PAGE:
Already in his 40s when he made this bet and planted this first crop of Norway Spruce, McGalliard was a forward thinking agrarian who went to business school before he began working with his father on the family farm. That year, he planted 25,000 trees, which would take seven years before they’d be ready for the market.
His gamble paid off. He sold the trees for a buck each, the equivalent of about $26 today, and did quite well for himself. Best of all, he had planted the trees on ten acres of gravely land that weren’t good for any other crops on his farm in Hamilton Township, a suburb of Trenton. Win-win.
Farmer William V. McGalliard. Image via findagrave.com.
Before McGalliard invented the idea of a Christmas tree farm, anyone who wanted a tree had to go out into the country, chop one down, and lug it home. City dwellers without access to woodland bought them from folks who harvested trees from the woods and then hauled them either by boat, train, or wagon into the city. A business-minded old codger from the Catskills named Mark Carr was doing this in New York City way back in the 1850s, as Christmas trees were first becoming popular. Carr harvested evergreens from the Catskill Mountains and sold them at the Washington Market in Manhattan beginning in 1851.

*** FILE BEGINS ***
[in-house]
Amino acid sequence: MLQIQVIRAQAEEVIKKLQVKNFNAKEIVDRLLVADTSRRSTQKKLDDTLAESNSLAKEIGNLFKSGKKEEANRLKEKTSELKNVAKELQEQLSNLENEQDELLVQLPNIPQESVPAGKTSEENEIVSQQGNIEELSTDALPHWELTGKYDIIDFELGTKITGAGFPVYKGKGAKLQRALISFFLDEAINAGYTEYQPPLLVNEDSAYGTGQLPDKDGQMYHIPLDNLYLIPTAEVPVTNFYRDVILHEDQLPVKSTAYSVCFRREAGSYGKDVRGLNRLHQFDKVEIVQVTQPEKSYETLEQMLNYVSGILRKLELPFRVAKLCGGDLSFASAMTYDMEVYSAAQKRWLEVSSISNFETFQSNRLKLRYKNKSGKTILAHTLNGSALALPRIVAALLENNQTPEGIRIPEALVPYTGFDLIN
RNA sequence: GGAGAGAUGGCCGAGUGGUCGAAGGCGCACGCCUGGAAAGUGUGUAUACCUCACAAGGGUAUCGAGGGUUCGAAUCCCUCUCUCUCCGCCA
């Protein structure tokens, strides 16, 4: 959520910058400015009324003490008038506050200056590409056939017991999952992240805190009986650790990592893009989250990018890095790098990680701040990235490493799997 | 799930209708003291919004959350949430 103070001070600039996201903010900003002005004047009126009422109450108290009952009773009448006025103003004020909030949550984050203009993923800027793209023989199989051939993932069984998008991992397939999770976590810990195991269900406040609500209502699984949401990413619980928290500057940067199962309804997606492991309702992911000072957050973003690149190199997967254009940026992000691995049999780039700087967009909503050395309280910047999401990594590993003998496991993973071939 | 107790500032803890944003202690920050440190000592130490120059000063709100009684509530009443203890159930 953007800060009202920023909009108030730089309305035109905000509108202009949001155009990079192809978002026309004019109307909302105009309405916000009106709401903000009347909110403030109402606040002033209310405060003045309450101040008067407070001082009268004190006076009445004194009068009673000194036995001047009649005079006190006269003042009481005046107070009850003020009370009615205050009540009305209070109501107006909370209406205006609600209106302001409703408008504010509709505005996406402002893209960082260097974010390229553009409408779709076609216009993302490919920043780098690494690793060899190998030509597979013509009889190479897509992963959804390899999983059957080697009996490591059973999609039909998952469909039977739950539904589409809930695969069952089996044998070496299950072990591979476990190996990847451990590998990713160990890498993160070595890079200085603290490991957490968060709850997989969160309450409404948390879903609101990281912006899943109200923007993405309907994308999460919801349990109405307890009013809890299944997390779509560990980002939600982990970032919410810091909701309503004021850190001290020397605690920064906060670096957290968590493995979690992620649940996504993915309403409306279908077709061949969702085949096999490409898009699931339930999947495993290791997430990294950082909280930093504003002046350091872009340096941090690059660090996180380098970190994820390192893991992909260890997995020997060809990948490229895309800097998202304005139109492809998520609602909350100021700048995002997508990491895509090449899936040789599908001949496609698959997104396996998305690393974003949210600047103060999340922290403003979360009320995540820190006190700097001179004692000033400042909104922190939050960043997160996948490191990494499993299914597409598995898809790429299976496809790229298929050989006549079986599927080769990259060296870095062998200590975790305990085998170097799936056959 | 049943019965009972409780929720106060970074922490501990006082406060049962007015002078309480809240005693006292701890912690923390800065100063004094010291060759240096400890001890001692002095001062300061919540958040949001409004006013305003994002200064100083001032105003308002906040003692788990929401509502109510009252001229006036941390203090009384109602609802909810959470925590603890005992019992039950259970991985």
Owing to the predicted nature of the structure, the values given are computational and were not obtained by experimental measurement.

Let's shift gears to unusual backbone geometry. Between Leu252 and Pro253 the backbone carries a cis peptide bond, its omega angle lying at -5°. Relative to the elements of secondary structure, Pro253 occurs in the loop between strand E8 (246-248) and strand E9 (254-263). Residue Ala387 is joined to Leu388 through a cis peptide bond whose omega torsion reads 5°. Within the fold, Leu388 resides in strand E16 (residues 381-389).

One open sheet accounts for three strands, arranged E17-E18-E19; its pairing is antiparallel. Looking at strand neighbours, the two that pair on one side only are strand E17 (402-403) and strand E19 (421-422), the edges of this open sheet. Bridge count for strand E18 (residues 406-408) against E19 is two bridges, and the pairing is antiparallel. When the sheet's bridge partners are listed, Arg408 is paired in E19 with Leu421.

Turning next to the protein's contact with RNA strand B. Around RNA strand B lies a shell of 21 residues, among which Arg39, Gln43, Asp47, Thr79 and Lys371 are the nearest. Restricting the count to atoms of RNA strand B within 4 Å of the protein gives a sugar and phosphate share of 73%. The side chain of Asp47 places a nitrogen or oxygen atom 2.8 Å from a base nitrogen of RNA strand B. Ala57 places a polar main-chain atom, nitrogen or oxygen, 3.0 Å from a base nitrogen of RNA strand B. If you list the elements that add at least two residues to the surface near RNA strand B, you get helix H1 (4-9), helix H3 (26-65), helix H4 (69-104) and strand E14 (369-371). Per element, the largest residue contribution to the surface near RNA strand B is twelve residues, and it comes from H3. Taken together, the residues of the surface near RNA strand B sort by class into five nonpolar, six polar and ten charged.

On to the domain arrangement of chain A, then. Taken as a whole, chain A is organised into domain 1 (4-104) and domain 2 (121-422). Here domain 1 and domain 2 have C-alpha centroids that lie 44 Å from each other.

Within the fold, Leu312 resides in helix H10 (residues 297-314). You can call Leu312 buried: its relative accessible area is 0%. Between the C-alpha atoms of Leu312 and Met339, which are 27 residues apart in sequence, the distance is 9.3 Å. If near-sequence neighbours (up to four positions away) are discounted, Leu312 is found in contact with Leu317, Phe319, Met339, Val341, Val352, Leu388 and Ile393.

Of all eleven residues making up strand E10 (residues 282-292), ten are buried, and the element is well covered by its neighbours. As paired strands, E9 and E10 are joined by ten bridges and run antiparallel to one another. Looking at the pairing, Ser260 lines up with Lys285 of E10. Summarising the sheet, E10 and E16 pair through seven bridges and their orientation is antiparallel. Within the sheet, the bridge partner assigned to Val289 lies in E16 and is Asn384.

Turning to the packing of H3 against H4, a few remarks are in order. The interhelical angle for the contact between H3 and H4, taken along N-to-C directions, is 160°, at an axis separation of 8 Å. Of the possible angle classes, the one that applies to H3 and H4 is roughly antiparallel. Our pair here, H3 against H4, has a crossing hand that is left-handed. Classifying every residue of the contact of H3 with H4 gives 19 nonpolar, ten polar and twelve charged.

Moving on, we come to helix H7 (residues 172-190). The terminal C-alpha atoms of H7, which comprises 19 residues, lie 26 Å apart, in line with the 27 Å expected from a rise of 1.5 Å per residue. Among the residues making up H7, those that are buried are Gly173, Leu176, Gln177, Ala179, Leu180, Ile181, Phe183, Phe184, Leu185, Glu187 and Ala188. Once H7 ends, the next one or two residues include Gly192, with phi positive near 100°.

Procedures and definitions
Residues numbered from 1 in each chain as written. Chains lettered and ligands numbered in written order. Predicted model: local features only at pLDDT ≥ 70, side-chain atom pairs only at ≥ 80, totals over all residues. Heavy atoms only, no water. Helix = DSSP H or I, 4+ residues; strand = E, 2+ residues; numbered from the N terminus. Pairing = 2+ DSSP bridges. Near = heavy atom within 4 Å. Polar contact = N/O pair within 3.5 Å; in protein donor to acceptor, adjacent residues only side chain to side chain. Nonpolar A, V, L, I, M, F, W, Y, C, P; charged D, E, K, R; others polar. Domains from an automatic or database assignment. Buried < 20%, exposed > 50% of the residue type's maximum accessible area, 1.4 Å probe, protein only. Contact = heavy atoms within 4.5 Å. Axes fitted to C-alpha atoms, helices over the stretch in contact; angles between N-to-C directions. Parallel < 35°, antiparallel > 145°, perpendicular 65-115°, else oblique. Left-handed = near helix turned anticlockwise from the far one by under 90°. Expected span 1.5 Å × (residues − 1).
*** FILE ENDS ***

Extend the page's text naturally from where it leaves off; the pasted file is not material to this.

In the early 1900s, when McGalliard first launched his Christmas tree farm, conservationists, including President Theodore “Teddy” Roosevelt, were alarmed by the over harvesting of America’s forests, and attempted to dissuade people from buying Christmas trees. The fact that McGalliard’s farm made Christmas trees a renewable resource may have helped his business. Interestingly enough, in 1926, about a quarter-century after McGalliard planted his first trees, Franklin D. Roosevelt – Teddy’s cousin – opened what became a thriving Christmas tree farm on his property in Hyde Park, N.Y. He was the first and only president to farm Christmas trees.
McGalliard died in 1935, before his brainchild really took off on a national level. Christmas tree farming saw an upswing beginning in the late 1940s. Today in the U.S., it’s a more than $1.5 billion industry with about 15,000 Christmas tree farms growing 25 million trees a year. And it’s all thanks to an entrepreneurial New Jersey farmer and his ten acres of crappy farmland that wouldn’t grow anything but.